Sally startles wide awake. It’s still dark. Her heart is beating too fast and she can’t catch her breath. Maybe there was a sound. Maybe she’s been dreaming. But she feels uneasy and wrong. Shiloh is asleep beside her and she soothes herself by stroking his fur. As a professional dog trainer, she knows she should be teaching him to sleep on his own bed, but she loves the company. Plus, she just feels safer with him close by.

Still, she’s not going to be able to fall back asleep. She gets up and pulls on her sweat pants and a fuzzy sweater. Shiloh yawns and stretches, then pads behind her down the hall. Sally goes to make coffee and realizes, with a groan, that she is out. She was going to buy some yesterday but totally forgot.

The clock reads just past 5 am. Hell. The corner store is open. She’ll just walk Shiloh in that direction and grab a cup of coffee to hold her until she can go shopping. She’ll make it a grande. She thinks about combing her hair and washing her face but decides not to bother. Who’s going to see her? Anybody in the corner store at 5 am isn’t going to matter.

 It’s a short walk and would be pleasant, if only Sally had some coffee. Dawn is coming soon; the sky is light but the sun is still not up. Shiloh is delighted, nosing at everything and stopping to pee on every possible object. Sally gives him free time until they approach the store. Then she makes him sit and heel, shortening up the leash. He’s only been with her a few weeks and isn’t as well trained as he ought to be. He needs the experience of public places and the store will be empty, so she takes him inside with her.

Amy, behind the counter, looks up and smiles. “Hey Sally. You’re early.”

“Desperate need for coffee,” Sally says. “the usual.”

“You got it.” Amy gets out a cup and turns toward the espresso maker, but just then the door dings and a man walks in.

He’s alarmingly handsome, with sleek black hair and chiseled features. He is also dressed in a tuxedo. Sally shrugs and turns her eyes back to the holy grail of coffee. Maybe the dude was at a wedding and stayed out all night partying.

Shiloh growls and tugs at his leash. “Sit,” Sally commands, and the big black dog reluctantly complies, but continues to growl.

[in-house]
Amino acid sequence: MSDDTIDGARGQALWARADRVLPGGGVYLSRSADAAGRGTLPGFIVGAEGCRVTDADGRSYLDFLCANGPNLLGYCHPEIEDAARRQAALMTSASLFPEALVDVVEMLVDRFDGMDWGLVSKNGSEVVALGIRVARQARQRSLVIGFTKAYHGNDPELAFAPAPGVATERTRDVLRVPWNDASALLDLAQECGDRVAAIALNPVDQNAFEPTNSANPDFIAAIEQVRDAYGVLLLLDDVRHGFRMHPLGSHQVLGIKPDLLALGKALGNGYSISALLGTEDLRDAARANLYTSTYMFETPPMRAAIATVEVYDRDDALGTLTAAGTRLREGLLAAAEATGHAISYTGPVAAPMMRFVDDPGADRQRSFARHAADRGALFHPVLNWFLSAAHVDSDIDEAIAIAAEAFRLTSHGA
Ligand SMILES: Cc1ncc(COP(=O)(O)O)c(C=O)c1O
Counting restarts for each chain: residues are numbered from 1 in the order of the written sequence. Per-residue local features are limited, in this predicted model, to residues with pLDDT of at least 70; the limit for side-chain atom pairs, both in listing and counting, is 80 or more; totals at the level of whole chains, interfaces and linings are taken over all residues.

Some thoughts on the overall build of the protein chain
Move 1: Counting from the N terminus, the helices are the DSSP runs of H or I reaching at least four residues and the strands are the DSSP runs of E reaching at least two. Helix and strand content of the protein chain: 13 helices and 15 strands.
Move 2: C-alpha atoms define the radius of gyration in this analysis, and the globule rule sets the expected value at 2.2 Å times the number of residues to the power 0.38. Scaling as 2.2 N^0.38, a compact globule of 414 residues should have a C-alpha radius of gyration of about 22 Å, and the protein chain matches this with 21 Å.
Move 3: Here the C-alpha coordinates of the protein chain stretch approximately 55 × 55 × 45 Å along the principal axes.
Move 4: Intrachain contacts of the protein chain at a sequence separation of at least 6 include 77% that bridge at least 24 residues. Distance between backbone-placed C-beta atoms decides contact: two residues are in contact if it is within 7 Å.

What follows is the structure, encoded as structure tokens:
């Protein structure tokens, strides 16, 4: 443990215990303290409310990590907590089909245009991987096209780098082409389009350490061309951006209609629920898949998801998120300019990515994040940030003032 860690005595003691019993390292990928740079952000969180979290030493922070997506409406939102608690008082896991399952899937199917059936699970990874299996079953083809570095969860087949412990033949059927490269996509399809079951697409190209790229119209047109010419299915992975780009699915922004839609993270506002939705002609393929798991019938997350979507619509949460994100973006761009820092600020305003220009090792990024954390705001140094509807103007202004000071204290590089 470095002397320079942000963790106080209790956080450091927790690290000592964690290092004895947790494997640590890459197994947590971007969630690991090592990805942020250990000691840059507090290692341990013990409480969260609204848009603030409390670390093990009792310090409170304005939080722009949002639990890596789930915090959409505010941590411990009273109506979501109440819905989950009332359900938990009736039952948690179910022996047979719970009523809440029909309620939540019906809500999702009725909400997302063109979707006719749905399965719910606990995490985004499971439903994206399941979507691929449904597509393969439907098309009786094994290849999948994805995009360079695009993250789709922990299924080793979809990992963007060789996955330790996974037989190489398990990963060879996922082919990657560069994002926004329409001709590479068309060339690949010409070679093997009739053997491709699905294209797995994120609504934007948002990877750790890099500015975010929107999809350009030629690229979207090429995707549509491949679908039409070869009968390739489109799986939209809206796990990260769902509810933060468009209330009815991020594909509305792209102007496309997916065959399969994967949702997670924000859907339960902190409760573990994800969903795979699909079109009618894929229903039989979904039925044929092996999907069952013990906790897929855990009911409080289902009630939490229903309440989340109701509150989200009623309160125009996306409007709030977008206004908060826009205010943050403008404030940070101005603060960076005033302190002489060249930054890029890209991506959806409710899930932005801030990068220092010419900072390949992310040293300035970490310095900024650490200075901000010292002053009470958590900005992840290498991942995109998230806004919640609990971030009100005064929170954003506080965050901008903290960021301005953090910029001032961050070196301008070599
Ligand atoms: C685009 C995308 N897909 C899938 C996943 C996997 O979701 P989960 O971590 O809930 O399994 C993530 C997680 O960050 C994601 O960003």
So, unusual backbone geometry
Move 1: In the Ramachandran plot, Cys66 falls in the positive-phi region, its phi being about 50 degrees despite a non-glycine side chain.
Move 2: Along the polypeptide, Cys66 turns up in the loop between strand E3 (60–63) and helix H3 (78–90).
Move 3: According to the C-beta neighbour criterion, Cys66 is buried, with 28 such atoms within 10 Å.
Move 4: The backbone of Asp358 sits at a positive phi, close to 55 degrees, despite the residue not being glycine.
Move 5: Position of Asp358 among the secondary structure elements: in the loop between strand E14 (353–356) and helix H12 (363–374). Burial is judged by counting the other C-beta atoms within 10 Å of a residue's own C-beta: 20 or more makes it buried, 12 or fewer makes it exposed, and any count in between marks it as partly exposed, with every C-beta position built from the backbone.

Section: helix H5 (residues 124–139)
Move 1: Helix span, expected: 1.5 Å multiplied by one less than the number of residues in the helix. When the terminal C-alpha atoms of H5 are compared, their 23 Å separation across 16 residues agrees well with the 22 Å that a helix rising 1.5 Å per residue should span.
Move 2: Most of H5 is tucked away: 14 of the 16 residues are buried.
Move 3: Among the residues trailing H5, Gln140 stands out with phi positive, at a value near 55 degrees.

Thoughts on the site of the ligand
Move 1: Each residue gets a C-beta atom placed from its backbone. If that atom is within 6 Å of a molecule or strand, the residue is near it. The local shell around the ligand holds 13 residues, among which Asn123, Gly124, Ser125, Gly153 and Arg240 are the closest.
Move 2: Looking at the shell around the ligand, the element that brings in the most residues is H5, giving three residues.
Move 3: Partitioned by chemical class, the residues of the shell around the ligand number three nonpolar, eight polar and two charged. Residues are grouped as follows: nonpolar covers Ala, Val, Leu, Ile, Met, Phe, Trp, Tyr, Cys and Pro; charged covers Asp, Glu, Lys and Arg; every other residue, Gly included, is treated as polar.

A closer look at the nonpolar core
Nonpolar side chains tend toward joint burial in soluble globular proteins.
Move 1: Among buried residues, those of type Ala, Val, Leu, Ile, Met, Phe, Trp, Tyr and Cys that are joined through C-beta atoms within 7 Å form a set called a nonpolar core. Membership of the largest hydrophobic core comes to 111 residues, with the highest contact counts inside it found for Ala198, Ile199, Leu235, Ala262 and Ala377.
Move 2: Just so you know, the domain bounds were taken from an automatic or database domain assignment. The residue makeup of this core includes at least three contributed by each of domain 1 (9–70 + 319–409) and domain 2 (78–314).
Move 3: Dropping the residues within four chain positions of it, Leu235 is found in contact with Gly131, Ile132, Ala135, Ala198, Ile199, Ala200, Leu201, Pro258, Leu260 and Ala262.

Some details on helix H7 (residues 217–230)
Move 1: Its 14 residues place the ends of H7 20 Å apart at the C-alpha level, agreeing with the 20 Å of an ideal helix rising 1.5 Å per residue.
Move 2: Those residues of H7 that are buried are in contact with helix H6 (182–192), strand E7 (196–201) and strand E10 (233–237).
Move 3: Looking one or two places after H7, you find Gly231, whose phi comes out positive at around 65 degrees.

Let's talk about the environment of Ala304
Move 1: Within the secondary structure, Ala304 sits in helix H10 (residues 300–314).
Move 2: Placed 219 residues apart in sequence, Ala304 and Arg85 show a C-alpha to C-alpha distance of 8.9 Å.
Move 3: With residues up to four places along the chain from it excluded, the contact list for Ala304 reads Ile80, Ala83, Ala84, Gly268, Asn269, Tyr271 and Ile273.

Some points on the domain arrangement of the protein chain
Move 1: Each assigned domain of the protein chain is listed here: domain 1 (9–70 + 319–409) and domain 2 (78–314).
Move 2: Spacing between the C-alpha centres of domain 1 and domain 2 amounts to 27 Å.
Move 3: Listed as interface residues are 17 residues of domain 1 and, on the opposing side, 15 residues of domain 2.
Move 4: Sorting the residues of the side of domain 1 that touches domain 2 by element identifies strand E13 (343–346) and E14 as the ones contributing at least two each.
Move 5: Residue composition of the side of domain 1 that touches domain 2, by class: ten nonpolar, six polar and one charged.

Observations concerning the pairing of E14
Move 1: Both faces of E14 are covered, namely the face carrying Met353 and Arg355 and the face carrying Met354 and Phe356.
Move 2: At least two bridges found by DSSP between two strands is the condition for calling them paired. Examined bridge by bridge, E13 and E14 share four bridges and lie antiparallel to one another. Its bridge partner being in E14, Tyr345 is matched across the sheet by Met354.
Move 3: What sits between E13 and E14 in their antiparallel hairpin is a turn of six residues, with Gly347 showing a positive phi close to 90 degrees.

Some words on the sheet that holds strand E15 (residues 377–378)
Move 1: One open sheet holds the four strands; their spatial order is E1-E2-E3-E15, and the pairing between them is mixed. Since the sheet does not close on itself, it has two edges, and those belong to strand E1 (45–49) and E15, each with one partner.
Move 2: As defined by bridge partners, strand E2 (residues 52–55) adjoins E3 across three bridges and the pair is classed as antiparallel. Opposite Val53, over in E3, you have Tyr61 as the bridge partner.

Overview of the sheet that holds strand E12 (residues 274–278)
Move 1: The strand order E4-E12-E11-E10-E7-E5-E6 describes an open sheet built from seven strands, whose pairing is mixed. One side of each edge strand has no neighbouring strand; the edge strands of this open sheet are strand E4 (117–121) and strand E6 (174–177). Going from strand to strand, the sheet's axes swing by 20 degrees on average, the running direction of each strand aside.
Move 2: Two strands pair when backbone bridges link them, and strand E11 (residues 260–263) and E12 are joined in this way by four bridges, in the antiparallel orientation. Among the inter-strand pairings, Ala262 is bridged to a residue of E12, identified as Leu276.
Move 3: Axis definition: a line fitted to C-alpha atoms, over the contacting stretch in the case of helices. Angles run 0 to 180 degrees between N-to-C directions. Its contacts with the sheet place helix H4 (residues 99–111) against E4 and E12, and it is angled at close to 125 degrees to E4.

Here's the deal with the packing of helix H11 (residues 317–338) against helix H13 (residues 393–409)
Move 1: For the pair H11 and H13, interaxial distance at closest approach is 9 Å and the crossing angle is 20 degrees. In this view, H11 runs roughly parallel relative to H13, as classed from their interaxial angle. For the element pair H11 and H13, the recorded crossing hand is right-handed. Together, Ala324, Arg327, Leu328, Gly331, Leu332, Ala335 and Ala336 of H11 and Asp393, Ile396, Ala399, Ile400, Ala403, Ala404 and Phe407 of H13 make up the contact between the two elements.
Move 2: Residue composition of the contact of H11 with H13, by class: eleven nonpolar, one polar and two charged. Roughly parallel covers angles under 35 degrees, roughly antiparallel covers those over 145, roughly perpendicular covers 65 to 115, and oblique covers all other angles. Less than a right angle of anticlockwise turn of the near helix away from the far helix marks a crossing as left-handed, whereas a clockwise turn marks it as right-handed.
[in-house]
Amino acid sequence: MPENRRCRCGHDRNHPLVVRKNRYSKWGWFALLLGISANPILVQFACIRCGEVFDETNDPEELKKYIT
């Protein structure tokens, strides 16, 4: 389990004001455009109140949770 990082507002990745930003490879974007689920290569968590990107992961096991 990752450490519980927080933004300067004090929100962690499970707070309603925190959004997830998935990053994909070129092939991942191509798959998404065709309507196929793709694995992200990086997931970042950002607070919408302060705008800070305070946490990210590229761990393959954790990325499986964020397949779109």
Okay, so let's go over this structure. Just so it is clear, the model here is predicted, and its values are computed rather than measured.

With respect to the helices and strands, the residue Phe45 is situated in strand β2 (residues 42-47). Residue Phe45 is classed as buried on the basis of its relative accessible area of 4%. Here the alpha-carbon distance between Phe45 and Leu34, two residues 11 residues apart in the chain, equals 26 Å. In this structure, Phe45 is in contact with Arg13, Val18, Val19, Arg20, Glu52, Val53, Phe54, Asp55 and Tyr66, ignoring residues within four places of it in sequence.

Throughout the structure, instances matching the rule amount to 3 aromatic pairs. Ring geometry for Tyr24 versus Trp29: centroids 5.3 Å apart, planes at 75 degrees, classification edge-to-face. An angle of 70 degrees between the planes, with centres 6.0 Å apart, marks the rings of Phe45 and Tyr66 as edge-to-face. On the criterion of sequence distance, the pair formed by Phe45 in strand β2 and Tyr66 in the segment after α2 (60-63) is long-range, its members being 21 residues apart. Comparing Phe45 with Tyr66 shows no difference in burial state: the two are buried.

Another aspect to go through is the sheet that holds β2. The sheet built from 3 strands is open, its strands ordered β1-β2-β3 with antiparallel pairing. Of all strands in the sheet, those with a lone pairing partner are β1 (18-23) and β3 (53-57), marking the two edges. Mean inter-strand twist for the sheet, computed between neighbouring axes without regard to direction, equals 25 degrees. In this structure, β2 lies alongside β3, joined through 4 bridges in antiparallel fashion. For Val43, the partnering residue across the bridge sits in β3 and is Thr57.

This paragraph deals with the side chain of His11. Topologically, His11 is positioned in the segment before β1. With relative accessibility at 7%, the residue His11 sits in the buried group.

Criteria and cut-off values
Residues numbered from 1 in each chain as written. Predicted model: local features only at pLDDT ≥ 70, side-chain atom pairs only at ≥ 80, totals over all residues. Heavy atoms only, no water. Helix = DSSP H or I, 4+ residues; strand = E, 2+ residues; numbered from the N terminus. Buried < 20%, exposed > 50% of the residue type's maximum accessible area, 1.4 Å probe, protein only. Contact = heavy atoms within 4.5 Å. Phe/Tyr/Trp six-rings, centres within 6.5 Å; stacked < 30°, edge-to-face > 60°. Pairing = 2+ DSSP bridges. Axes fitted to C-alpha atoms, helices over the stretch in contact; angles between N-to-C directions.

Unfortunately, Amy is still standing there with the coffee cup in her hands, mouth slightly agape, watching the strange man move through the store. When he strides back up to the counter with his purchases, Sally’s coffee is still unmade.

“Pardon me,” he says, and barges to the counter in front of her, laying down a tarp and a coil of rope. The box of cookies in his other hand never makes it to the counter. Shiloh grabs it, tearing at the cardboard with his teeth, shaking his head from side to side as if making a kill and growling all the while.

Sally is too shocked to interfere. Just as the box tears open and cookies begin to spill out onto the floor, the door dings and an old homeless woman shuffles in, carrying a beat up guitar.  Maisey. Everybody in town knows her. Sally has put coins in the woman’s hat more than once when she plays for money.

“Oh, dear,” Maisy says.

Shiloh pauses, his mouth full of stolen cookies. Maisey bends and picks up the soggy, torn box and the uneaten cookies. She pats the dog, who immediately stops growling and begins licking her hands.

This is Shiloh’s normal behavior and Sally feels uneasy about the man in the tux, given the dog’s reaction.

“Get your dog under control, lady,” the man says.

“How about next time you don’t feed him? Idiot.”

“I’m an idiot? Your freaking dog grabbed the cookies right out of my hand.”